Keeping an eye toward the live experience is always essential to Delta Spirit, who name playing 293 dates in 2009 as one of their top points of pride. "We just want the songs to be as epic and meaningful as possible when we play them in front of people, which is the be-all and end-all for us as a band," says Vasquez. In moving toward creating music that's transcendent for their live audience, Delta Spirit strive to stay focused on the singular benefits of communal songwriting. "There's something sort of magic about getting five incredibly distinct personalities to get behind something they can each claim as their own, instead of having the music be the product of one person's specific vision," Jameson says. What's more, Vasquez adds, that commitment to collaboration ends up being infinitely rewarding once the band takes the stage. "To be able to play something and think ‘I created this' is one thing," he says. "But to have five different people standing together onstage and all of us feeling the vibration of that at once, that's kind of amazing."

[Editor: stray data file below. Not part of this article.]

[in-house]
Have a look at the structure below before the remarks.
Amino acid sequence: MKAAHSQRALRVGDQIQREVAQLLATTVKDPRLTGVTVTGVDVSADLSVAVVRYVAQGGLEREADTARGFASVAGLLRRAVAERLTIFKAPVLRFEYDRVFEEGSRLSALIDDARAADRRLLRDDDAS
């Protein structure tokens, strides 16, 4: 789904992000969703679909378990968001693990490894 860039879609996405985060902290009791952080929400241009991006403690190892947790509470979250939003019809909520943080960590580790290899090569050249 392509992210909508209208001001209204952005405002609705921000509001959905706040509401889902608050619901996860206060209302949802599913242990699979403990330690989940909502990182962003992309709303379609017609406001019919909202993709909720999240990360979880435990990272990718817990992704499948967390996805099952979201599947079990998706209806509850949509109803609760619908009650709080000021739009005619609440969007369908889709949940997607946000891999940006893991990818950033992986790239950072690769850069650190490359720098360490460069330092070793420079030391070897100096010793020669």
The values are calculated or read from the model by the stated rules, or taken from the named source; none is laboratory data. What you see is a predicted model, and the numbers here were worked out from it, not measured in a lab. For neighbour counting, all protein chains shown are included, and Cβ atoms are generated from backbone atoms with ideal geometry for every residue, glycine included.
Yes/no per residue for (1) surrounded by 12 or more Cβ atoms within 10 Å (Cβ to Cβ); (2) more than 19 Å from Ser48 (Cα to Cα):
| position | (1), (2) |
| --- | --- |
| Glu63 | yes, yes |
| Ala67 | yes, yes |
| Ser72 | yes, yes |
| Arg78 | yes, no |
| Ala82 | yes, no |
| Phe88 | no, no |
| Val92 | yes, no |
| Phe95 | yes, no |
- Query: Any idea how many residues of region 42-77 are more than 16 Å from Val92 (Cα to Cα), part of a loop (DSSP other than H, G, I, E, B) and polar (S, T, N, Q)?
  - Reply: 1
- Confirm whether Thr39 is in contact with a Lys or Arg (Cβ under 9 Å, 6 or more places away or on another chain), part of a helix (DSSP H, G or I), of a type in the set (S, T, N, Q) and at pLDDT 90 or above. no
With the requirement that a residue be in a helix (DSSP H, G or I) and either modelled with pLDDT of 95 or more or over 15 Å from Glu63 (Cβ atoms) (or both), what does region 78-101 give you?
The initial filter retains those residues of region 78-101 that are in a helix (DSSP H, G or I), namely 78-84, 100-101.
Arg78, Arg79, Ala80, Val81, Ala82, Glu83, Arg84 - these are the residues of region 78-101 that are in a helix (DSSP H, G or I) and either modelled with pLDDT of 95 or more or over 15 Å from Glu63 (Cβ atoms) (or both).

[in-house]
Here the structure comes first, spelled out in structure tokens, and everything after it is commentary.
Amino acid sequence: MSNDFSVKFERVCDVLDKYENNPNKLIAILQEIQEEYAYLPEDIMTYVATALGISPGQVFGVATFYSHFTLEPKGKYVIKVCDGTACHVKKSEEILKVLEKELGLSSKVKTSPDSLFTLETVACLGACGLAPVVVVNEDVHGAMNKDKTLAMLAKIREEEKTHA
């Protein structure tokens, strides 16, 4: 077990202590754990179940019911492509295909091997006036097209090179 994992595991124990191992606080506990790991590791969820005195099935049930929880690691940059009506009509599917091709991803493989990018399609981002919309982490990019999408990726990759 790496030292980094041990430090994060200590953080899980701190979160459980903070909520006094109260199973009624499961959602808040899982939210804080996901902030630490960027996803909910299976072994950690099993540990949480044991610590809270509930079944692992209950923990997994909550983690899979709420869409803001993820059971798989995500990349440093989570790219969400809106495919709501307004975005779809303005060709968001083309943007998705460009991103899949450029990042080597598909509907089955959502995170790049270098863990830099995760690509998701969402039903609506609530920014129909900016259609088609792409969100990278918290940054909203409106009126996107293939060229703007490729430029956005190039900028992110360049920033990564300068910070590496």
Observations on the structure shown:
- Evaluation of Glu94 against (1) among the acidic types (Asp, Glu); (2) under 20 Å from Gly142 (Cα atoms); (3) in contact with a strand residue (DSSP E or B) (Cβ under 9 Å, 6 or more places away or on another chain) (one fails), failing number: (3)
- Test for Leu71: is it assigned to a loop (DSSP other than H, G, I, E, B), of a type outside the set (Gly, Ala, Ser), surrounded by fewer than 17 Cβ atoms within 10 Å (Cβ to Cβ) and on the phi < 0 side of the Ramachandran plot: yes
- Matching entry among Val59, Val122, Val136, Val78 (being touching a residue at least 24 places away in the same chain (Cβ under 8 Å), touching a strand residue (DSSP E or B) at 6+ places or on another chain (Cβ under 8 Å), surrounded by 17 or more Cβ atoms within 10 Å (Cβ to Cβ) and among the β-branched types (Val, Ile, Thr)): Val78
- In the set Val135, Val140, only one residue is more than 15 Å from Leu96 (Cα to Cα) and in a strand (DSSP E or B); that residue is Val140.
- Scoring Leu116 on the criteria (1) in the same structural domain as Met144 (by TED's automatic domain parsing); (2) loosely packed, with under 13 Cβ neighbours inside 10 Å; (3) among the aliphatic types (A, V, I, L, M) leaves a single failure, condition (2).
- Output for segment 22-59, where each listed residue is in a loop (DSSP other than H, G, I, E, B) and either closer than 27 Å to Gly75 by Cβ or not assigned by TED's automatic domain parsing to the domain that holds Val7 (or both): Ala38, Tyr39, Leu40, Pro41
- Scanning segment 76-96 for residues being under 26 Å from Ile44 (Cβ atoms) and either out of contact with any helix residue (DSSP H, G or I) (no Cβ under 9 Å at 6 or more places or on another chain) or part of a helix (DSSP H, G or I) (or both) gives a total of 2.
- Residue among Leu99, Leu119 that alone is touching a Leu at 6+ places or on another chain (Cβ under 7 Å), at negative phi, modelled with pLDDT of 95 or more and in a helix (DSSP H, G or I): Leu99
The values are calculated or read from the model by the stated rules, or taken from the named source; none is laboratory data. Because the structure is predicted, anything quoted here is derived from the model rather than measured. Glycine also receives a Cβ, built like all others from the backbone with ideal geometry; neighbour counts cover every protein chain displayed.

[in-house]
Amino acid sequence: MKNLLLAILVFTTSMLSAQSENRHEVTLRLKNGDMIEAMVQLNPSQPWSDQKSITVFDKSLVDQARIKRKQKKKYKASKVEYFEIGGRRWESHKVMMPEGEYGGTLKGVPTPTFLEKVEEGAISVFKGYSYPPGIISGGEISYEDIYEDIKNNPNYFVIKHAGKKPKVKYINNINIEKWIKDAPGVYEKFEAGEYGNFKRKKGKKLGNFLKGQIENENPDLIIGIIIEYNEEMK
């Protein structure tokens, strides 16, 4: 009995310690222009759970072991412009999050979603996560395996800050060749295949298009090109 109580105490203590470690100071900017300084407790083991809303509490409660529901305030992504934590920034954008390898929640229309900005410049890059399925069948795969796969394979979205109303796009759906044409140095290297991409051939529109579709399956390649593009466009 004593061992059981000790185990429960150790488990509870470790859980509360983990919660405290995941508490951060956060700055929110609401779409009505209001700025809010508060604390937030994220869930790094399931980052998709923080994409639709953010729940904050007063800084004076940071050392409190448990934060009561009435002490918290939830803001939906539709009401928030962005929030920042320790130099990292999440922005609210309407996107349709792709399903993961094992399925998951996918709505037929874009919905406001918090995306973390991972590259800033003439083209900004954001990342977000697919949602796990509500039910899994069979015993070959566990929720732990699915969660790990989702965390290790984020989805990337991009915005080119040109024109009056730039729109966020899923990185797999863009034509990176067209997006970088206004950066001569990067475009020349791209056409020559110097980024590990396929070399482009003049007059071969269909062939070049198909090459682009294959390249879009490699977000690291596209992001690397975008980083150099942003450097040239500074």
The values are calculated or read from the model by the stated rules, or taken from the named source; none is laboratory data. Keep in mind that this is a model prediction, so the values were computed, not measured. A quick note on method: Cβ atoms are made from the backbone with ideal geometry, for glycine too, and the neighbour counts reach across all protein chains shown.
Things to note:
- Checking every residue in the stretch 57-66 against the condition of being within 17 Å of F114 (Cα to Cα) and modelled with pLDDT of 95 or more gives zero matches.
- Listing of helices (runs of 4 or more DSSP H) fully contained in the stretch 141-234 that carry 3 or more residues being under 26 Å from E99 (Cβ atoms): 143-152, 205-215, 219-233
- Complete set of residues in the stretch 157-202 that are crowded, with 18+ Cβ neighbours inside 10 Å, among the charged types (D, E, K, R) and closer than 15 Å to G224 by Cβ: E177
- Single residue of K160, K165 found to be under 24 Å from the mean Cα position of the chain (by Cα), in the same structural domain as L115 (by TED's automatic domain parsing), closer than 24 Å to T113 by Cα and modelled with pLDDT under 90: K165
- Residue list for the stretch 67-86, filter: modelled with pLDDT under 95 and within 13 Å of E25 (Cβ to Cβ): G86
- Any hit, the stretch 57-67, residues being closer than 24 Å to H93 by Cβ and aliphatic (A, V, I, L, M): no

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Nashville's Kopecky Family Band isn't a family in the specific sense, but a close community of friends who generate a kind of diversely instrumented and melodic folk-pop together. Founded by Kelsey Kopecky and Gabe Simon in 2007 after a dorm room jam, the group eventually stabilized with a lineup of Kopecky (vocals, keyboards, and bass), Simon (vocals, guitar, and horns), Steven Holmes (guitar, lap steel guitar), David Krohn (drums), Markus Midkiff (cello, guitar, and keyboards), and Corey Oxendine (bass, guitar, and horns), and it's a versatile group, with members often switching to different instruments, all of which gives the Kopecky Family Band a broad sonic palette. The band released three EPs, Embraces (2008) and The Disaster and Of Epic Proportions (both in 2010), before signing with ATO Records and issuing a debut full-length album, Kids Raising Kids, in the spring of 2013. ~ Steve Leggett